Cancer Project Sues Hot Dog Manufacturers
Another lawsuit’s in the works: the Cancer Project – a vegan-oriented physician’s group concerned with dietary approaches to cancer prevention/survival – is suing the major hot dog manufacturers for fraud on behalf of three New Jersey consumers.
WASHINGTON—Three New Jersey residents are suing Nathan’s Famous, Kraft Foods/Oscar Mayer, Sara Lee, Con Agra Foods, and Marathon Enterprises for failing to warn consumers that hot dogs increase the danger of colorectal cancer. The action comes in the wake of landmark scientific studies linking hot dogs and similar meats to colon cancer.
The class-action consumer fraud lawsuit, which is being filed July 22 in Superior Court in Essex County, seeks to compel all five companies to place cancer-risk warning labels on hot dog packages sold in New Jersey. The labels would read “Warning: Consuming hot dogs and other processed meats increases the risk of cancer.”
The nonprofit Cancer Project is filing the suit on behalf of John O’Donnell, Ruthann Hilland, and Michele DeScisciolo, who purchased hot dogs made by the companies without being made aware that processed meat products are a cause of colorectal cancer.
“Just as tobacco causes lung cancer, processed meats are linked to colon cancer,” says Neal Barnard, M.D., president of the Cancer Project. “Companies that sell hot dogs are well aware of the danger, and their customers deserve the same information.”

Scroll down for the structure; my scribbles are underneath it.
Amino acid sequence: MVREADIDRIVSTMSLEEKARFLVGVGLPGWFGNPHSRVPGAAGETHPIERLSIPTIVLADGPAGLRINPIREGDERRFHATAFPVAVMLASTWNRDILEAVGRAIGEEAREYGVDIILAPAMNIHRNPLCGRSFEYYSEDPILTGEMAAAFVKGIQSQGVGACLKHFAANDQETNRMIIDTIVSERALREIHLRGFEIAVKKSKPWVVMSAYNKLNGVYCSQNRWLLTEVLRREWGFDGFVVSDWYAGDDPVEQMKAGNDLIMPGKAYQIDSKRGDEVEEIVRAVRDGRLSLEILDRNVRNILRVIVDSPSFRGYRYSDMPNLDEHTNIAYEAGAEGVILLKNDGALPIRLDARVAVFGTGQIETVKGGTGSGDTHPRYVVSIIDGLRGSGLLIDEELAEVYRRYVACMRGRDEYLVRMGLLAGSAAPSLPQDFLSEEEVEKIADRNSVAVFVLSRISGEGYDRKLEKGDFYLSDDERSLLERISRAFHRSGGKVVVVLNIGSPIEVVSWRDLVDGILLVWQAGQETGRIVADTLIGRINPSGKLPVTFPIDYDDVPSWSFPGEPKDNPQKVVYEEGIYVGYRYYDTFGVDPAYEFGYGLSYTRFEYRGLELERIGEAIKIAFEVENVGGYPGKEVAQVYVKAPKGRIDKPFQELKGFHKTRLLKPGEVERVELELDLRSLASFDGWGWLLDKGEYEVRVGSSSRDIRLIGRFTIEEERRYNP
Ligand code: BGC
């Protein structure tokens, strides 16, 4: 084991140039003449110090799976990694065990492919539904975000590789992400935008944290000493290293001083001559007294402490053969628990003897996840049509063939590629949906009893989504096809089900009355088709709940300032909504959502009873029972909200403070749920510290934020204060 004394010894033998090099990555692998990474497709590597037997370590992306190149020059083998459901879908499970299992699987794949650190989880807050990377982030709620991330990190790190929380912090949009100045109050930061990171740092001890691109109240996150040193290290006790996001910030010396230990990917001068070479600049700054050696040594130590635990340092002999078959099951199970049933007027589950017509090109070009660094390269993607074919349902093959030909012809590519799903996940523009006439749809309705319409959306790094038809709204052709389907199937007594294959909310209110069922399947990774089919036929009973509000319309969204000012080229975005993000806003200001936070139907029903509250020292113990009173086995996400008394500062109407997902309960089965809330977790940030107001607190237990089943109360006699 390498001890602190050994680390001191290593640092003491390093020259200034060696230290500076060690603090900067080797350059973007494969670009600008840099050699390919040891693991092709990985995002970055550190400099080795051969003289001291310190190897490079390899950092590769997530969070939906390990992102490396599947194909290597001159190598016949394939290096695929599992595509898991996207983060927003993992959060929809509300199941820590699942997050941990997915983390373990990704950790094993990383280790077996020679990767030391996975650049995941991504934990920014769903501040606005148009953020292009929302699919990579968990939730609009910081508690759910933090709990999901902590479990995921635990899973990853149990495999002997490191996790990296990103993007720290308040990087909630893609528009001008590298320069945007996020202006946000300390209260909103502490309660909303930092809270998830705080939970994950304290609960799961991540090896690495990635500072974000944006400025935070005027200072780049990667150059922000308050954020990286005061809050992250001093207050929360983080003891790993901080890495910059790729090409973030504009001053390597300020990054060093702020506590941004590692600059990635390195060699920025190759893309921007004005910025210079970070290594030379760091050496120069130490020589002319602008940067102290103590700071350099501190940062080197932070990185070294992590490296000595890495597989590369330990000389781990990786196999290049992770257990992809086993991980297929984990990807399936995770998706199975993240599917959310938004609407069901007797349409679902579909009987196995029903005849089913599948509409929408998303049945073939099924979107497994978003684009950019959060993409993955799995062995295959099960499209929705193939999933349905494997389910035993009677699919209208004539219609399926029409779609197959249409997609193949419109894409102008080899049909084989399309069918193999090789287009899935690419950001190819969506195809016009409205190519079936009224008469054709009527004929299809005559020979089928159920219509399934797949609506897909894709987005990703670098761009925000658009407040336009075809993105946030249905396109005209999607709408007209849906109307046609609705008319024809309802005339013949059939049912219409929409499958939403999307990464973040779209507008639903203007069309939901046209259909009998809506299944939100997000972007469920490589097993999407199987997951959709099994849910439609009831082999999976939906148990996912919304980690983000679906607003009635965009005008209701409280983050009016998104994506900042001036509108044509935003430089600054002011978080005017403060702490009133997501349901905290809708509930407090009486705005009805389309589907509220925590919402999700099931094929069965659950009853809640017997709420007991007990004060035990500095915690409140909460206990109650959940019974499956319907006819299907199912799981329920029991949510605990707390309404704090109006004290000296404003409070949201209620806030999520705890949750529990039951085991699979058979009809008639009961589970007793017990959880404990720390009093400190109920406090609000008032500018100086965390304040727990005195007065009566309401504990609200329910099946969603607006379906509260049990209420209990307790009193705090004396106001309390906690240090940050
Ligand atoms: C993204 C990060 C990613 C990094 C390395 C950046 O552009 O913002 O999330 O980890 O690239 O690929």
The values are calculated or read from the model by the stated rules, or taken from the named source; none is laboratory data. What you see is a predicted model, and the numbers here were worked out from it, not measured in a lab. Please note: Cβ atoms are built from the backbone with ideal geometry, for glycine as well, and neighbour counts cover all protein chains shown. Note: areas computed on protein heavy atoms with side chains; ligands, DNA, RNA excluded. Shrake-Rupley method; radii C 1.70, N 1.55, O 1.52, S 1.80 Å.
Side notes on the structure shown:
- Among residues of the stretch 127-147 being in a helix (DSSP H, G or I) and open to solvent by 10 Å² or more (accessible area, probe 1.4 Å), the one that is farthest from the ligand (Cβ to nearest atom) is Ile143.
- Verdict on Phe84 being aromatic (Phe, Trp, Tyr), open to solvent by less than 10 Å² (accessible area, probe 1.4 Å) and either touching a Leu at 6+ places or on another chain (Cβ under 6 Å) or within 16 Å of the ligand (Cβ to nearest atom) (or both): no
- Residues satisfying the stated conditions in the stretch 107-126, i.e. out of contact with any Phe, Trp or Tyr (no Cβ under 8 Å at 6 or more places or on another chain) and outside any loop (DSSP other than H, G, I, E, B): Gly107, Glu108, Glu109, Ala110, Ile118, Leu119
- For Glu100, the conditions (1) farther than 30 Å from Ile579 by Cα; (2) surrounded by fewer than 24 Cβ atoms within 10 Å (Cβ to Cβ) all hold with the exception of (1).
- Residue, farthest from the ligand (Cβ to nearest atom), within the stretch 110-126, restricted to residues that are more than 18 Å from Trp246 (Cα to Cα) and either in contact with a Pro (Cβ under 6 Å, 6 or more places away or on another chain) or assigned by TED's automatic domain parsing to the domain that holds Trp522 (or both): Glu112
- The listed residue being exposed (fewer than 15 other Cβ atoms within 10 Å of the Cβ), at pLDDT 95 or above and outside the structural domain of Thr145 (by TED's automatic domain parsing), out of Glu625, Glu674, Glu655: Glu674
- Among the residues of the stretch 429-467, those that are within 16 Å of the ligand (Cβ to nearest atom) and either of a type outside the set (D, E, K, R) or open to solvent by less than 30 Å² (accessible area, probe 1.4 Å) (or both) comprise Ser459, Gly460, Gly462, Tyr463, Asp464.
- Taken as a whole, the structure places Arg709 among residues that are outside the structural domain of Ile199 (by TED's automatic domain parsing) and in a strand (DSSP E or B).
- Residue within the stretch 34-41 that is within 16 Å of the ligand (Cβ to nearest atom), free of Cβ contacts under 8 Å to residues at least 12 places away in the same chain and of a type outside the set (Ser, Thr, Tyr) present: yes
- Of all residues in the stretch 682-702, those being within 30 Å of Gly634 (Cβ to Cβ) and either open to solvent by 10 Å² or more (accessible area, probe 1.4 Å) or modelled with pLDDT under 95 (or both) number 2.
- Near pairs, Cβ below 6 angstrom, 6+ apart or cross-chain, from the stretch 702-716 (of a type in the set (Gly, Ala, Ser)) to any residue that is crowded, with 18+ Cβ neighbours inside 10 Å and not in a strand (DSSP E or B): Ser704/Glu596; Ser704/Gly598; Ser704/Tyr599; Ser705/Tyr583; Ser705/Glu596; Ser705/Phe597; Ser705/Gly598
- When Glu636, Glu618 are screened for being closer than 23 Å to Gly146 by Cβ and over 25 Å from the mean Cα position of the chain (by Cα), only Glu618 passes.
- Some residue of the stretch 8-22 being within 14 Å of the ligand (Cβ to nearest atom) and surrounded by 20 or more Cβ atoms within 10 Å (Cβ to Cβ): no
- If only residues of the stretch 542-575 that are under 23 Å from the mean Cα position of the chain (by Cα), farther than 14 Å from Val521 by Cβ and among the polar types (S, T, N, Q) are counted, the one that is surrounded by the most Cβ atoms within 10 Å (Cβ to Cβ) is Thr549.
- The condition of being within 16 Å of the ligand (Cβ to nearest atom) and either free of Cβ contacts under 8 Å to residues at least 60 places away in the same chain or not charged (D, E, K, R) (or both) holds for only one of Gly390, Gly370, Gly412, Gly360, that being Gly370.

Efforts to put warning labels on hot dog packages are “crazy,” said Josh Urdang, 27, as he stood in line to buy two franks at Pink’s hot dog stand in Hollywood on Tuesday.
“It wouldn’t change how many hot dogs I eat. Not at all,” said Urdang, an information technology consultant from Hollywood.
His friend Joe Di Lauro, 31, called such a move “overpolicing. . . . At what point do you stop breaking things down? Unless we’re going to put a warning label on every single food and say what’s bad in it.”
…Nutrition experts say that the science is far more complicated and that slapping warning labels on the staple of baseball games and picnics would not have much effect on public health.
“If one were to call for a ‘black label’ on frankfurters, where should the warning label end? If we were to evaluate each food for its naturally occurring toxins and eliminate that food, then our food plate would be empty,” said Roger Clemens, a nutrition expert at USC’s pharmacy school.
Where do I stand on this? It’s pretty simple, really. One of those Nathan’s Famous Hot Dogs contains a whopping 17 grams of fat, but just a skosh over 10g of protein. They’re also quite low in essential vitamins and minerals and high in sodium. In other words, hot dogs are nutrient-poor “un-foods” that should be shunned by anyone interested in his/her general health, fitness and body composition… the association with colon cancer is simply one more nail in the coffin.
So while I can appreciate the sentiment, I think this lawsuit’s going nowhere…especially after reading this:
There may be arguments for broader health warnings about red meat consumption, but the bigger risk is of heart disease rather than cancer, said Michael Jacobson, executive director of the Center for Science in the Public Interest.
“Though I favor warning notices in certain circumstances, the overuse of warnings can lead to ‘warning fatigue,’ Jacobson said. “Eating hot dogs occasionally is not by itself worrisome.”
When Michael Jacobsen is the voice of reason on a food-related issue, you know it’s out there.